Tuesday, January 21, 2014

#631 - Steve Barber


This final card thing just keeps going and we’re not done yet. Here Steve Barber shows his game face on a field of which I am shamefully unaware (those blue girders look right for The Met but I don’t believe that stadium had an overhang. County Stadium?). Steve is air-brushed into his Brewers cap. He was one of the many guys on the other side of the Ollie Brown trade from a few posts back, and like Ollie, Steve never played an inning for his new team. After a decent year out of the pen for California in which he added four saves to his stats, Steve went – sort of – back to Milwaukee in that huge trade from which just about every other participant also has a non-Traded traded card in this set. But he got released during spring training and would later in the year hook-up with San Francisco in his last MLB run. Steve was an original Pilot – hence the sort of above – which means he got some print in “Ball Four” which I will get to below. Here he looks awfully non-commital or maybe sedated. All that moving around late in his career probably made him feel that way.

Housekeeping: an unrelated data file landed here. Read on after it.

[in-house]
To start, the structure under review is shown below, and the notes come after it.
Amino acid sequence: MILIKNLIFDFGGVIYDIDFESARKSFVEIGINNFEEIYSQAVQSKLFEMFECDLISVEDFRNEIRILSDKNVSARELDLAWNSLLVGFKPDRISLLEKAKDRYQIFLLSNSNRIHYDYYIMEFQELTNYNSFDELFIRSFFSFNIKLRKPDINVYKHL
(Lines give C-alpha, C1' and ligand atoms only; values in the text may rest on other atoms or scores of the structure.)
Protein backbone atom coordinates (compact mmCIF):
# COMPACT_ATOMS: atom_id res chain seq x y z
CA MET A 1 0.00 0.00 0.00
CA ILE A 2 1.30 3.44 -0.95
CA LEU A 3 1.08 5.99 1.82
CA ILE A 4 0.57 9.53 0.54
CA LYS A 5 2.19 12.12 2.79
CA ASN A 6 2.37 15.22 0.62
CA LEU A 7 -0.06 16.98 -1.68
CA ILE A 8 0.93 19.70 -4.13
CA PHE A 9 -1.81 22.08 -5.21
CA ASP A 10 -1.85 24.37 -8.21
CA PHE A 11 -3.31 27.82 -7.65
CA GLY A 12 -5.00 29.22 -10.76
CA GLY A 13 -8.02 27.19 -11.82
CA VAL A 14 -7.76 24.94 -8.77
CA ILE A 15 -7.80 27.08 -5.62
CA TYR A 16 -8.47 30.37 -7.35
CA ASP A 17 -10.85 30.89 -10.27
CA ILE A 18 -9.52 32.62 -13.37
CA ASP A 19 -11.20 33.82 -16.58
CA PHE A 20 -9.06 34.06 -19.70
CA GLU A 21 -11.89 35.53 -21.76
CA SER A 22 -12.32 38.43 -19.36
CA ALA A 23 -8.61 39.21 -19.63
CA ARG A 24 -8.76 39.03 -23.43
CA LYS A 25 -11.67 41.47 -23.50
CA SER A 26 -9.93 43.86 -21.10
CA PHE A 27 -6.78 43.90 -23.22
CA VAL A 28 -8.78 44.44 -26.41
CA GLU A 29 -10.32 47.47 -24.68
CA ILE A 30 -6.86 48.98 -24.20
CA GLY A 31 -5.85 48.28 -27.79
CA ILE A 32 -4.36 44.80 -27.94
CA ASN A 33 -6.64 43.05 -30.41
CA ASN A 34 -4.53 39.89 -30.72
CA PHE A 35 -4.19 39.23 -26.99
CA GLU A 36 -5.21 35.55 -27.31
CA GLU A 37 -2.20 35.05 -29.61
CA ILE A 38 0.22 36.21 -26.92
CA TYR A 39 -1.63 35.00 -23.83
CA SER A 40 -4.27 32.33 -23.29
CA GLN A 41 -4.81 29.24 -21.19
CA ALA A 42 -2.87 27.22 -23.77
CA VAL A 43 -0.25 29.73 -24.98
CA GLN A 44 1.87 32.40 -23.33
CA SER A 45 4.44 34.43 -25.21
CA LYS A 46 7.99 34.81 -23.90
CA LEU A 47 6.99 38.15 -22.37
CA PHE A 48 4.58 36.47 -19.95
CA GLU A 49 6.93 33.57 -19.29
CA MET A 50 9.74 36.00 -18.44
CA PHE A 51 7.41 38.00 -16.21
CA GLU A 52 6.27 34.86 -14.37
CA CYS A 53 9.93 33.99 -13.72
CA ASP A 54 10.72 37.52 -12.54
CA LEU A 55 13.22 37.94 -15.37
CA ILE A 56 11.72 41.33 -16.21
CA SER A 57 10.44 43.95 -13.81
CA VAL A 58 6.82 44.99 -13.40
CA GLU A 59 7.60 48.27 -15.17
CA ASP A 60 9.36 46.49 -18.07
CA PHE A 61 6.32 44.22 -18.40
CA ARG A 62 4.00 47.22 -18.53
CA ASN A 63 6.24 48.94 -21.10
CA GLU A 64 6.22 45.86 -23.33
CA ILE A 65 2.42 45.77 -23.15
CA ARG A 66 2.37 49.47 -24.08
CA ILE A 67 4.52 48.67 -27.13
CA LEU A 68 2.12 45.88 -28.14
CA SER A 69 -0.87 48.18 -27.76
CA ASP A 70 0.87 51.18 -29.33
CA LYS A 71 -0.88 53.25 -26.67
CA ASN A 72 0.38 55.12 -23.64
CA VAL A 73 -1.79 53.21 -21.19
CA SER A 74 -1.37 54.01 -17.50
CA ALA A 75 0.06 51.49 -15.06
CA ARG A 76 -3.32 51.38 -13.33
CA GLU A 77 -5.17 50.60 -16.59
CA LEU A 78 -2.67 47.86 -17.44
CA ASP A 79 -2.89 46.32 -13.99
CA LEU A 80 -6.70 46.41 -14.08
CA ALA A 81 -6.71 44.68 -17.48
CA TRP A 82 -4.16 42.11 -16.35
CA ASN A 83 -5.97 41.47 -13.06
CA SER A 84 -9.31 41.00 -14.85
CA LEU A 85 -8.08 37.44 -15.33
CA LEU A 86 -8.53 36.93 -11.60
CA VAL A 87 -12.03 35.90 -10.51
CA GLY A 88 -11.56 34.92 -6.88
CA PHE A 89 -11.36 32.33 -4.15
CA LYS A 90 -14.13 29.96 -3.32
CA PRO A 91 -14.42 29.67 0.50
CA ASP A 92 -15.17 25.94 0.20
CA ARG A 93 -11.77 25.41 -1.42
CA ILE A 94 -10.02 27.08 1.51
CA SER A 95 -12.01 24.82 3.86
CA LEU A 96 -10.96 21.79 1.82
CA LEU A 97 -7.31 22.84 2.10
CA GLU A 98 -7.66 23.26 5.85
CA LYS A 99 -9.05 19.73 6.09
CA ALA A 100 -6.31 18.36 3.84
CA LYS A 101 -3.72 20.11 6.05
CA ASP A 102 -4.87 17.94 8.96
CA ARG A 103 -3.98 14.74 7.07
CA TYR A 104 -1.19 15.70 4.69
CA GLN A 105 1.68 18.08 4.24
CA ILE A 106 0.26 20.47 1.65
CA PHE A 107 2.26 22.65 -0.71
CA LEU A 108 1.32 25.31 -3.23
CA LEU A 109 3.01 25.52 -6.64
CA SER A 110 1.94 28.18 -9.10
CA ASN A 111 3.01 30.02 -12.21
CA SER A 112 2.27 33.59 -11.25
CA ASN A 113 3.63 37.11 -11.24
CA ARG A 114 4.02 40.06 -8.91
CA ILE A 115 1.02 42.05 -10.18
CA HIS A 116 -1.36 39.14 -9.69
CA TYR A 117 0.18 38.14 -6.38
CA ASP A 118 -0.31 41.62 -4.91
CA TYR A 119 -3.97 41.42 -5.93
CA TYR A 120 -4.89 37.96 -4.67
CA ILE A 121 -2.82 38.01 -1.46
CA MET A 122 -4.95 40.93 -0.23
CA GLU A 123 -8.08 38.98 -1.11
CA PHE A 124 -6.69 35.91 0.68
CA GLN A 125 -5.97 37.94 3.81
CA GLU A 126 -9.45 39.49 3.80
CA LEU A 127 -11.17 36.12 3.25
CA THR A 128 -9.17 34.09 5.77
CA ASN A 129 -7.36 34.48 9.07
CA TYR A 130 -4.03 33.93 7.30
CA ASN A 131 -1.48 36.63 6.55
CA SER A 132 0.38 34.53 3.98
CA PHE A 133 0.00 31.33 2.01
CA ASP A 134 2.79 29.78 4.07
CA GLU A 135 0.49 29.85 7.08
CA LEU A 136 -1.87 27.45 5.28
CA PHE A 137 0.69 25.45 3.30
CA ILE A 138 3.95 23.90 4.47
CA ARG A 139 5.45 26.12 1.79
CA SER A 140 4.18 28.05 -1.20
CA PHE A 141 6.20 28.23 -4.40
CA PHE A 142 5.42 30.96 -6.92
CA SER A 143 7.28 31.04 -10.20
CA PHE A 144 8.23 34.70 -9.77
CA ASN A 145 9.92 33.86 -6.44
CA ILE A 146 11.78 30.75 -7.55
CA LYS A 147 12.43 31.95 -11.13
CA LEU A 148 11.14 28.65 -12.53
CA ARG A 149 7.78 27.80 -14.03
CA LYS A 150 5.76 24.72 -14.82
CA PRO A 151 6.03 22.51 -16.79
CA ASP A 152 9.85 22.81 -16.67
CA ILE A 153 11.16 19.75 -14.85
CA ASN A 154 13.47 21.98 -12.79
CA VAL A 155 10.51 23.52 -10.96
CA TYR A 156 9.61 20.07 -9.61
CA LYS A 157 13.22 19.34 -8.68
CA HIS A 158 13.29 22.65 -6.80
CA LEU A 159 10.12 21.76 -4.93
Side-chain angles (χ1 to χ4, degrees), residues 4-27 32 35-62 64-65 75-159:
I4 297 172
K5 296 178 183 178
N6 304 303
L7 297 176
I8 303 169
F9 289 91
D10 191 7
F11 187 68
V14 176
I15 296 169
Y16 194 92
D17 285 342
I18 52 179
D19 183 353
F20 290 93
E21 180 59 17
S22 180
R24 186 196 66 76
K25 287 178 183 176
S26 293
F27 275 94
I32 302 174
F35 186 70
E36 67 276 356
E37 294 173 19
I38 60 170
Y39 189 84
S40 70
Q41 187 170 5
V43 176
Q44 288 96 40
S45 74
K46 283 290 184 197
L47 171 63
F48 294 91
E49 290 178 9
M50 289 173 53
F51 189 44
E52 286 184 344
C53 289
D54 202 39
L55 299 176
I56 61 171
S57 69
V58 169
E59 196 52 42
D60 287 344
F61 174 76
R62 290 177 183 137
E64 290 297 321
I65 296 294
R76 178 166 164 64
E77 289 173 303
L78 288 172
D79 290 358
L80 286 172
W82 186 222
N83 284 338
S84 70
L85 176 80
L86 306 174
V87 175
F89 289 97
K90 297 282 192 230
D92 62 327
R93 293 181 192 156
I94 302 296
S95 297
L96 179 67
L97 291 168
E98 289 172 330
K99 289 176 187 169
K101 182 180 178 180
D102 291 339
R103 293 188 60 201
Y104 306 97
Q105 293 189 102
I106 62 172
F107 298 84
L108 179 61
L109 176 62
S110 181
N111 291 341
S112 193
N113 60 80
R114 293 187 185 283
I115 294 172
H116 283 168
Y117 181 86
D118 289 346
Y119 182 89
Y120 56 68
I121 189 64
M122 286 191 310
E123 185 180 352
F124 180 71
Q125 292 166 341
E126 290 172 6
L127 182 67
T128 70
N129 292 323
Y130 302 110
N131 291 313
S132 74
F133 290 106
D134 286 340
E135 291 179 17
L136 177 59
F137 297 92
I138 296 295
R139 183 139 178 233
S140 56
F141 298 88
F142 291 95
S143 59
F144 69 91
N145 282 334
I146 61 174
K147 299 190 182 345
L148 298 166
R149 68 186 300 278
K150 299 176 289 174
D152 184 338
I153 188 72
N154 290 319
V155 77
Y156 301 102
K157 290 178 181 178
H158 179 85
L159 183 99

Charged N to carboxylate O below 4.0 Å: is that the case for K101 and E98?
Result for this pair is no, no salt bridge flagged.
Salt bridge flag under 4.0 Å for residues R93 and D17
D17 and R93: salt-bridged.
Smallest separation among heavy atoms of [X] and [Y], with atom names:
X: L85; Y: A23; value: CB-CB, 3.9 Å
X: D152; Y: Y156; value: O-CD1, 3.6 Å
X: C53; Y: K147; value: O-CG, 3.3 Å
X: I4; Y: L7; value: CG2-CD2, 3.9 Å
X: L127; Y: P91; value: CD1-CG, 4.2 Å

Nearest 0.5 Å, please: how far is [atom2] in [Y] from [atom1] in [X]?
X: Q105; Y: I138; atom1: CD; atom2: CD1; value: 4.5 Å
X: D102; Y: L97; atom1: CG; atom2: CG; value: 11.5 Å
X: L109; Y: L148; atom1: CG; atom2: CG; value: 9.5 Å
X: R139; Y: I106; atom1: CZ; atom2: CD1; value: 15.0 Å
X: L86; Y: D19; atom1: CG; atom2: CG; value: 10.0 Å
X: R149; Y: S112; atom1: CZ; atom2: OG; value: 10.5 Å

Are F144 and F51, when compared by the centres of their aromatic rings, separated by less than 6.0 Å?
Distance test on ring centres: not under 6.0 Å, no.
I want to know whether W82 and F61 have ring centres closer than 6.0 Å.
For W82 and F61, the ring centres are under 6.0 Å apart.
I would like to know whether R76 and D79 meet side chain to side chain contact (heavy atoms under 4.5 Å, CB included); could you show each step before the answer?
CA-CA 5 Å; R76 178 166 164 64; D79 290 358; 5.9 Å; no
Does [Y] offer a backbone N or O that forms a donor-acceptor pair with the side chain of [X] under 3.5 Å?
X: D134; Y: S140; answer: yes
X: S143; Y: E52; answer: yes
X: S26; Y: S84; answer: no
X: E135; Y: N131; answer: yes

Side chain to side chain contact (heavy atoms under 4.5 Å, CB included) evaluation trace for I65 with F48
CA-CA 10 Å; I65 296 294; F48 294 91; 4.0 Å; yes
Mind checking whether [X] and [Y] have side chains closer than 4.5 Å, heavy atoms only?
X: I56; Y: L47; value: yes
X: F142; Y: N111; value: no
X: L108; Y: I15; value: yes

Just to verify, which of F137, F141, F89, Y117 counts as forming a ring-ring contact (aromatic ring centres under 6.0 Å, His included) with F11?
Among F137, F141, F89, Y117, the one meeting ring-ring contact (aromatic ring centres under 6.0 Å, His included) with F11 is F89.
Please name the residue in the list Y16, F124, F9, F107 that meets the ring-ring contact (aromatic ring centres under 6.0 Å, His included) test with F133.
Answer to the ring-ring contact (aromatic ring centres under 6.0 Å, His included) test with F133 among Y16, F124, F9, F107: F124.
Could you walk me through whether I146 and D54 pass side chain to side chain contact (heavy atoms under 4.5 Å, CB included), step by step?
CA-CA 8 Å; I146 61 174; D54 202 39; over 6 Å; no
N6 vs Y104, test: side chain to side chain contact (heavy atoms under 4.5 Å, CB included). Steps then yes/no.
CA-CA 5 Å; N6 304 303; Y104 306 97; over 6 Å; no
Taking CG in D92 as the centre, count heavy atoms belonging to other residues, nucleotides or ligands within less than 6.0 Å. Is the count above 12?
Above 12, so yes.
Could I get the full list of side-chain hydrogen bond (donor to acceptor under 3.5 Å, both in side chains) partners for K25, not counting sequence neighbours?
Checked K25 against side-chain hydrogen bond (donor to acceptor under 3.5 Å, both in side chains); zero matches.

Steve Barber grew up in Maryland, not terribly far from the freshly-relocated St. Louis Browns, who would sign him as one of the first new Orioles in ’57. Steve had just finished high school during which he twice led his team to a bi-county championship and didn’t lose at all his senior year. He had a big fastball but was pretty wild and that whole one-pitch thing didn’t work too well in the minors. While he averaged a strikeout an inning he also averaged nearly a walk an inning and his first two seasons he went a combined 15-21 with an ERA over 5.00 as he couldn’t get above C ball. But he also gradually picked up a curve and in ’59 calmed down – a bit – in D ball when he went 7-11 with a 3.85 ERA and 172 K’s with 143 walks in his 159 innings. His curveball improved considerably that year and in ’60 it would help him make the improbably jump all the way to Baltimore.